The West Nile virus has officially arrived with mosquitoes testing positive in Mesa and Chandler.
The virus’s presence, confirmed in mosquitoes tested April 21 and 28, is early this year — an indication the state is in for a long season with West Nile, said Michael Fink, an epidemiology specialist for the Arizona Department of Health Services.
"I think it means we have a lot of virus in the area and we’ll see more mosquitoes testing positive," he said. "It’s here and people need to realize it’s not going away."
Public health authorities are urging people to get rid of stagnant water around their homes, which can become breeding grounds for virus-spreading mosquitoes. One of the positive West Nile tests last month came from a backyard swimming pool with a broken pump, a common problem area for mosquito-breeding in the Valley, Fink said.
Mosquitoes pick up West Nile from infected birds that have migrated to the area, then spread the virus when biting animals and humans. Last year, Arizona had 13 reported cases of the West Nile virus in humans, and one death, according to the Centers for Disease Control and Prevention. State officials said the virus killed 28 horses and 250 birds.
Public health experts worry that Arizona could follow Colorado’s experience last year with West Nile, which infected nearly 3,000 people and caused more than 60 deaths. The virus typically has its worst impact the second year it is detected in an area. Colorado had its second year with West Nile in 2003. Arizona is in its second year with the virus this year.
"This is going to be a pivotal year for West Nile virus in Arizona," Fink said. "We’re expecting that we might have something just as serious happen this year."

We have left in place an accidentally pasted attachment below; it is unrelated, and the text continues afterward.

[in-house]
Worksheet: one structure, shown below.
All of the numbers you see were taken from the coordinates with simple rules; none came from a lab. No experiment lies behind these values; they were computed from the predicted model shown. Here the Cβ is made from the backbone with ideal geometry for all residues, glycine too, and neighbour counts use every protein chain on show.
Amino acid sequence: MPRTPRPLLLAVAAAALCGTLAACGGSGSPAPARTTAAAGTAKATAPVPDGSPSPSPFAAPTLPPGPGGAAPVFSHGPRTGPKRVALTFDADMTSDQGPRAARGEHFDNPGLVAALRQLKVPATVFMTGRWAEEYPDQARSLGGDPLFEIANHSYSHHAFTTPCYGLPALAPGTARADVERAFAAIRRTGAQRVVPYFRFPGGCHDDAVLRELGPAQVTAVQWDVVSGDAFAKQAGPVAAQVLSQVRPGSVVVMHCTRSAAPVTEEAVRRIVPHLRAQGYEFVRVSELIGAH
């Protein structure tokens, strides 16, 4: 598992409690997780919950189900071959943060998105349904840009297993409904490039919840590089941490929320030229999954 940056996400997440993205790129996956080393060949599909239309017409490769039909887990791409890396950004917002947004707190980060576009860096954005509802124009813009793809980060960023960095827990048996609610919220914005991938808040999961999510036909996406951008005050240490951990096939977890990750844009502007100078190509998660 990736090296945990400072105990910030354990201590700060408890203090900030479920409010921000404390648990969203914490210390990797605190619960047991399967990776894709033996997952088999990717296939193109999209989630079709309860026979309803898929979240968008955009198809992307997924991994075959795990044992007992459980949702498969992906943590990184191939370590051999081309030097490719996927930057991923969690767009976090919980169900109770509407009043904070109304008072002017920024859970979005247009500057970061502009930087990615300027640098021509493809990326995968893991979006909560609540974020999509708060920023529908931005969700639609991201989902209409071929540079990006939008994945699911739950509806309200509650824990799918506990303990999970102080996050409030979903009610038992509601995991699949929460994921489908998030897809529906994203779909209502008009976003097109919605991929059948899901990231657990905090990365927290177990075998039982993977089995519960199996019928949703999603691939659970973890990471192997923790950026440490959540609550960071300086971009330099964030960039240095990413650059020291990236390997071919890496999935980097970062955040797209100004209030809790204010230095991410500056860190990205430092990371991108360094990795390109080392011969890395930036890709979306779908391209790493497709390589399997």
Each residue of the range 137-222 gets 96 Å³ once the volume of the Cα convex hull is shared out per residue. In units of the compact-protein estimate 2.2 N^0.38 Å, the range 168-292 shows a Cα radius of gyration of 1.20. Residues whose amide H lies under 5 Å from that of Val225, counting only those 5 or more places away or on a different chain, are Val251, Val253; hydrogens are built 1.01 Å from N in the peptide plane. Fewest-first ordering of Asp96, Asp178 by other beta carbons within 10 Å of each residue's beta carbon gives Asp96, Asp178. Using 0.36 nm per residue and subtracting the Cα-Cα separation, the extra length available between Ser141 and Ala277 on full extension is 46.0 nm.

Most people who become infected with West Nile develop no symptoms. For those who do, one in five people develop flu-like symptoms. One in 150 people develop a serious infection resulting in encephalitis, swelling of the brain, or meningitis, swelling of the membrane covering the brain and spinal cord. Other symptoms of severe infection include paralysis, severe muscle weakness or seizures. Those most at risk include senior citizens and people with compromised immune systems.
Hospitals have begun training staff to recognize signs of the virus in patients, and United Blood Services has started asking prospective donors if they’ve had a fever with a headache, which can be a sign of West Nile, in the week before they give blood.
Last week, state and county officials announced campaigns to eliminate mosquito breeding sources and encourage people to protect themselves from mosquito bites. Also, Gov. Janet Napolitano authorized $100,000 for statewide mosquito abatement efforts.
IN YOUR YARD
• Don’t allow water to stand for more than four days.
• Drain standing water from old tires, bird baths, pet dishes, buckets, cans, cups, outside toys, wheelbarrows, boats and flowerpots.
• Remove any water that collects on pool covers.
• Clear leaves and twigs from eaves, troughs and gutters.
• Fill in low areas in lawns.
• Repair leaky pipes and outside faucets.
• Let your neighbors know about potential mosquito breeding grounds on their property.
TO REDUCE THE CHANCES OF GETTING BITTEN
• Stay indoors from dusk to dawn, when mosquitoes are most active.
• Wear loose-fitting clothing, long sleeves and long pants.
• Apply insect repellent containing DEET to clothing as well as exposed skin.
• Do not use insect repellent on children younger than 2.
• For general information on mosquito-eating fish at no charge, contact Maricopa County Vector Control at (602) 506-0700.
• To report a mosquito complaint, call (602) 506-6616 or go to